My relationship with guns is a complicated one.


There are no guns in my house. I grew up with a bunch around, two or three at least, but they were black powder muzzle loading Civil War re-enactor weapons, and as such, not what you worried about an intruder turning on you.


When I went to summer camp as a Boy Scout, I took up target shooting. My first swim test had not gone well at all, and most of Lake To-pe-nee-bee was off-limits to my non-swimmer self. So I took the long walk past the dam and the chapel and out to the far corner of the reserve where the Field Sports department was.


Archery was a tough pull and I was, hard though it might be for some to imagine, fairly short for my peers. But a few hundred yards past the archery range was the rifle range, and the shotgun hut next to it.


We were, I was to learn later, quite fortunate to have Mossbergs to learn on, a good quality .22 caliber rifle with a closed rear sights and an open post at the end of the muzzle. For a simple 50 foot range, with wooden uprights and wire across them bedecked with clothespins, it was all we needed to hang our targets and learn the difference between accuracy and precision.


What I quickly became fascinated by was the ritual act of opening the bolt (click thunk), inserting the brass cartridge into the breech, closing the bolt (thunk click), then raising the butt of the stock to our shoulder and thumbing off the safety (tick), keeping the rifle pointed down range without qualification or variation, because what we now had in our hands was a precision power tool that was ready to operate, and that improperly operated could do serious harm to ourselves or others.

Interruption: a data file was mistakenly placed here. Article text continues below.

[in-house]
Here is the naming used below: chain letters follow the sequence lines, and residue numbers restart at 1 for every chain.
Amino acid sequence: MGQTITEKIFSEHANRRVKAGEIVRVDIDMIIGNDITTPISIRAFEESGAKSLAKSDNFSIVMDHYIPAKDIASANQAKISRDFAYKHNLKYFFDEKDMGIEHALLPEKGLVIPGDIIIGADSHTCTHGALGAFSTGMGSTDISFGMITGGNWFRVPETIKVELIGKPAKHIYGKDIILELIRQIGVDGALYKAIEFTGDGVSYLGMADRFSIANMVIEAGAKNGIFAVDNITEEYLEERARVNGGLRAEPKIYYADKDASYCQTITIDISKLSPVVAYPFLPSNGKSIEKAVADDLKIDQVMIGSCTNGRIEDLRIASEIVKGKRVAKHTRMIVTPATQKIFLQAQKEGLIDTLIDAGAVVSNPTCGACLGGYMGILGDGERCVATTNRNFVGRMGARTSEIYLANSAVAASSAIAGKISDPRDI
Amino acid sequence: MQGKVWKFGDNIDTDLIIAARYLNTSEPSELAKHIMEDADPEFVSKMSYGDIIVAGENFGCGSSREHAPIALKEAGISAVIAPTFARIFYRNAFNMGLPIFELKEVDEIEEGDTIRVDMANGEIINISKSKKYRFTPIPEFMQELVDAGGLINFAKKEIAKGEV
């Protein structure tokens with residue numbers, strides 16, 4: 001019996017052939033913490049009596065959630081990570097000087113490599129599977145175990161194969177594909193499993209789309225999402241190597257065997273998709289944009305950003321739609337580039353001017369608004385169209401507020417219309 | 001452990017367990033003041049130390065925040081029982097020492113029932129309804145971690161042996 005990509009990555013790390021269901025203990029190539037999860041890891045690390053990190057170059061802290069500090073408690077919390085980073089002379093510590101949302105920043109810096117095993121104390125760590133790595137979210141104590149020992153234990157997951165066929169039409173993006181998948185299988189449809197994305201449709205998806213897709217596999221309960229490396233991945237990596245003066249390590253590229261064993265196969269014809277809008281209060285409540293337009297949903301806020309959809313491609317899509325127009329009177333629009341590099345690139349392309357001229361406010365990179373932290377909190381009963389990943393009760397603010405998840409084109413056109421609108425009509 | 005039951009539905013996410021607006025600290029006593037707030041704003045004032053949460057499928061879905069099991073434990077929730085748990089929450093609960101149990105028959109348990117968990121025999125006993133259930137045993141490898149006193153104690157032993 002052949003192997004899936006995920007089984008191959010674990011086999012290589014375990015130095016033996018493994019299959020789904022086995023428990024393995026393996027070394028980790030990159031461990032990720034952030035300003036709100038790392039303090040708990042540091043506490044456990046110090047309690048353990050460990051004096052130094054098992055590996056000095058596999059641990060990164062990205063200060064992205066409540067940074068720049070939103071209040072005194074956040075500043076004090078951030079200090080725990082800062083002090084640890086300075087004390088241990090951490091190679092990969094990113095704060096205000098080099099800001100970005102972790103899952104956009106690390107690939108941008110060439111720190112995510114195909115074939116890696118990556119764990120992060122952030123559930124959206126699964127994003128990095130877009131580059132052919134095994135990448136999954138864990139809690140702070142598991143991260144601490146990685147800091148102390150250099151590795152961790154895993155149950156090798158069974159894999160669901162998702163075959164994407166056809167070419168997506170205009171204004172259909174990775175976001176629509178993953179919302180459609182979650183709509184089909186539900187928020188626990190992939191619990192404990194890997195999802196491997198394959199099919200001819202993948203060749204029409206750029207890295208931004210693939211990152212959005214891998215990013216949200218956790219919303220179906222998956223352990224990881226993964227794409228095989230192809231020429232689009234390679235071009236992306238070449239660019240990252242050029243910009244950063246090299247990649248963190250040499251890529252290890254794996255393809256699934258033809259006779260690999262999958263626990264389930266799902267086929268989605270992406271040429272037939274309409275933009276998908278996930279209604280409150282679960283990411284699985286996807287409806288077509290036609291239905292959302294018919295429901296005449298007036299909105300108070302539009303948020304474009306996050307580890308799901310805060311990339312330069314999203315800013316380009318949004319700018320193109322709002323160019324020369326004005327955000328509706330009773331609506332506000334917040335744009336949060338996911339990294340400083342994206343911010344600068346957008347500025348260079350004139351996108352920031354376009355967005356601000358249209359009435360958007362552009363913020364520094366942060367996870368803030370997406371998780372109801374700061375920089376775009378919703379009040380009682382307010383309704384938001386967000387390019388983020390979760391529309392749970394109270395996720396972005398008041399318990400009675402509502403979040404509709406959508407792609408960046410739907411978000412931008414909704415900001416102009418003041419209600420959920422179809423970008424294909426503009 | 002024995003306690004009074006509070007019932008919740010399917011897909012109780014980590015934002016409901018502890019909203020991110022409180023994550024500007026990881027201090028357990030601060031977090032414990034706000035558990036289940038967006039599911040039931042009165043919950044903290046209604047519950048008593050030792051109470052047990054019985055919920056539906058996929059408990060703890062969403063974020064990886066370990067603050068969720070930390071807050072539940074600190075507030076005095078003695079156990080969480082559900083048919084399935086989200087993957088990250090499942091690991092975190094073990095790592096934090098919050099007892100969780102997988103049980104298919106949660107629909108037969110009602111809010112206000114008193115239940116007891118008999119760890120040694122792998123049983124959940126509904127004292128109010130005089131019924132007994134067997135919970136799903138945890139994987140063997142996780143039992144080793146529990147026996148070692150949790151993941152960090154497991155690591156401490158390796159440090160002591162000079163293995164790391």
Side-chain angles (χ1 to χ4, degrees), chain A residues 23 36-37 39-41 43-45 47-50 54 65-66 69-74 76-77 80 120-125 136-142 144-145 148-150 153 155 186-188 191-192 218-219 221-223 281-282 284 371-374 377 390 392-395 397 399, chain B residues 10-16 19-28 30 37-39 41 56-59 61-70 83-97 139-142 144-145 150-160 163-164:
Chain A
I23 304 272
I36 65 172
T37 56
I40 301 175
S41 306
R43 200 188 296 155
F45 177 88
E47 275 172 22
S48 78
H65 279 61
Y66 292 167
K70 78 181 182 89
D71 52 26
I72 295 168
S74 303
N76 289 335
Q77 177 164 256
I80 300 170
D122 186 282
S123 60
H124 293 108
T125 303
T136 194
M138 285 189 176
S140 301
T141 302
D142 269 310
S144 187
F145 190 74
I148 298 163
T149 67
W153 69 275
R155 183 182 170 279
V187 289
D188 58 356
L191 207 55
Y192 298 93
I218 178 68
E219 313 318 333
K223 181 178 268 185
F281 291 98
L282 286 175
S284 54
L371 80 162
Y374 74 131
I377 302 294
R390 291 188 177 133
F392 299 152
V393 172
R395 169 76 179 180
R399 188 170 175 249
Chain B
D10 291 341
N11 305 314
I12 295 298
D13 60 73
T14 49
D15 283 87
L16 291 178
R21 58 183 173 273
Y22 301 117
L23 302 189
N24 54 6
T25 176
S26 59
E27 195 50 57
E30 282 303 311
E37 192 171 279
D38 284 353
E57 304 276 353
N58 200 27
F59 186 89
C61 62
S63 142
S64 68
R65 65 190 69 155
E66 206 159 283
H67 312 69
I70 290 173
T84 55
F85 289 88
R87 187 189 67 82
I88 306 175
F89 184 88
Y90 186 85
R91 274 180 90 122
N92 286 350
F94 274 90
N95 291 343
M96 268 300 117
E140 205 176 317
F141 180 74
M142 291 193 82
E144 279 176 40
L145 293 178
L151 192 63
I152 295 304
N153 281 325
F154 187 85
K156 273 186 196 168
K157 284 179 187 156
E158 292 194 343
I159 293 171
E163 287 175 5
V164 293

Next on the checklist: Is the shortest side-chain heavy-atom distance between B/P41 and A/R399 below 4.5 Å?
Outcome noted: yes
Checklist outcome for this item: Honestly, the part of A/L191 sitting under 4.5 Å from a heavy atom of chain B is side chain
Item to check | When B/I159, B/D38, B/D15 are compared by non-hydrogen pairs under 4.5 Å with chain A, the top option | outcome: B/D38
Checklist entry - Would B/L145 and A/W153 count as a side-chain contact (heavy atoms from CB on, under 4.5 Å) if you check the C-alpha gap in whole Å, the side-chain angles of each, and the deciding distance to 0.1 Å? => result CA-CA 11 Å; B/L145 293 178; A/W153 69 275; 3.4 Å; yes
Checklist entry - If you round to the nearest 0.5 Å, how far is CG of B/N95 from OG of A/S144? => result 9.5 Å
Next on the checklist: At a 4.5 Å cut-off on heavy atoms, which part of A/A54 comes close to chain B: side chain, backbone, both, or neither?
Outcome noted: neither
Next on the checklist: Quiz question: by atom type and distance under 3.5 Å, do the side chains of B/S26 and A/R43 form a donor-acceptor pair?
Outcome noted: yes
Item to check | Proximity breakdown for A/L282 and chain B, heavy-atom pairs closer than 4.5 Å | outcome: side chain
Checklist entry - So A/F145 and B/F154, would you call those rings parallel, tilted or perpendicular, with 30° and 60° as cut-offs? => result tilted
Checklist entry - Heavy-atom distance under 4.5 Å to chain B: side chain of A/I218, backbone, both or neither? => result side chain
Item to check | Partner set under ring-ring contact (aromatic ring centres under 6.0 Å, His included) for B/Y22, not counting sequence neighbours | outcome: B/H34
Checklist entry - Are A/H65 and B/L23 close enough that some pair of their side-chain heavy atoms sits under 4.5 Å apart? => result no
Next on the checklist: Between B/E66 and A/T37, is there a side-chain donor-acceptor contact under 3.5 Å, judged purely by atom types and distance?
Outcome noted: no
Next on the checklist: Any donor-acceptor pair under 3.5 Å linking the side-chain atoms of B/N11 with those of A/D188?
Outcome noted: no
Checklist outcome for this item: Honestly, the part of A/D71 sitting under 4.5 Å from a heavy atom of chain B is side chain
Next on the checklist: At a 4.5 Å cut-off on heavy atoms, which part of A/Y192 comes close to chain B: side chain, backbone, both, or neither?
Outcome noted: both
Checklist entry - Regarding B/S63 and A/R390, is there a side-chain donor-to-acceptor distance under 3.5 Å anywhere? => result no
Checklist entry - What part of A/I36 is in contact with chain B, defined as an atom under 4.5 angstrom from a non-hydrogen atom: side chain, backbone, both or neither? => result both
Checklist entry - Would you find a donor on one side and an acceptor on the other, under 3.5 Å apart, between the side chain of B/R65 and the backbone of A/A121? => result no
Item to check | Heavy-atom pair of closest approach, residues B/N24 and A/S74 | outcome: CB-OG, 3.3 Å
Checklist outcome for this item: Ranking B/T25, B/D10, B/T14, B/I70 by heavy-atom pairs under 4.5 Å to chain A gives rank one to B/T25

Was my experience unusual, in hearing it put that way over and over? I don't know, but at Camp To-pe-nee-bee and a couple of years later, from Les Hill at Camp Tamarack up in Michigan, that's how I heard it said. A gun is a power tool, like a belt sander or drill press. And in northwest Indiana, where it seemed like most Scoutmasters had lost fingers at Bendix, or an eye at Studebaker, or been crippled in an accident at a steel mill along Lake Michigan, that was respect and fear enough. Part of growing up was learning how to behave around, and operate power tools, and it really didn't matter if you planned to work in the shop later in life, or if your dad was in management or worked out in the yard: we all needed to know basic safety with dangerous tools, and Field Sports was part of that.


Back then, we had "Rifle & Shotgun" merit badge along with Archery, and I got both. You picked which you were qualifying on, rifle or shotgun. More recently, the BSA has created two separate merit badges for Rifle Shooting and Shotgun Shooting, and the Lad has earned now all three Field Sports badges.


We still don't have guns at home. Nor have I ever gone hunting. But I've taken Hunter Safety three times, and plan to take it with my son someday soon. Hunting is common in this area, as are weapons in homes. The breath control and focus it takes to hit a target, at 50 ft or 100 yards (my M-16A1 was serial number 5511359, speaking of things you don't forget), is a kind of calming mediation that belies the violence some say is inherent in firearms and their use.


I don't think we need more guns in our society, and I'm open to all sorts of common sense restrictions on access to them. But I also reflect on Oliver Wendell Holmes, Jr.'s sage counsel "Hard cases make bad laws," and I wonder about what it would take to prevent some of the tragedies we've seen recently.


The only thing I'm sure of is that I think we all would benefit from taking Hunter Safety. Just to be more aware, and to understand, that if you see a gun, it's loaded, and you handle it accordingly, no matter who says it isn't.


Jeff Gill is a writer, storyteller, and pastor in Licking County; he's heavily armed with trivia. Tell him something new at knapsack77@gmail.com, or on Twitter @Knapsack.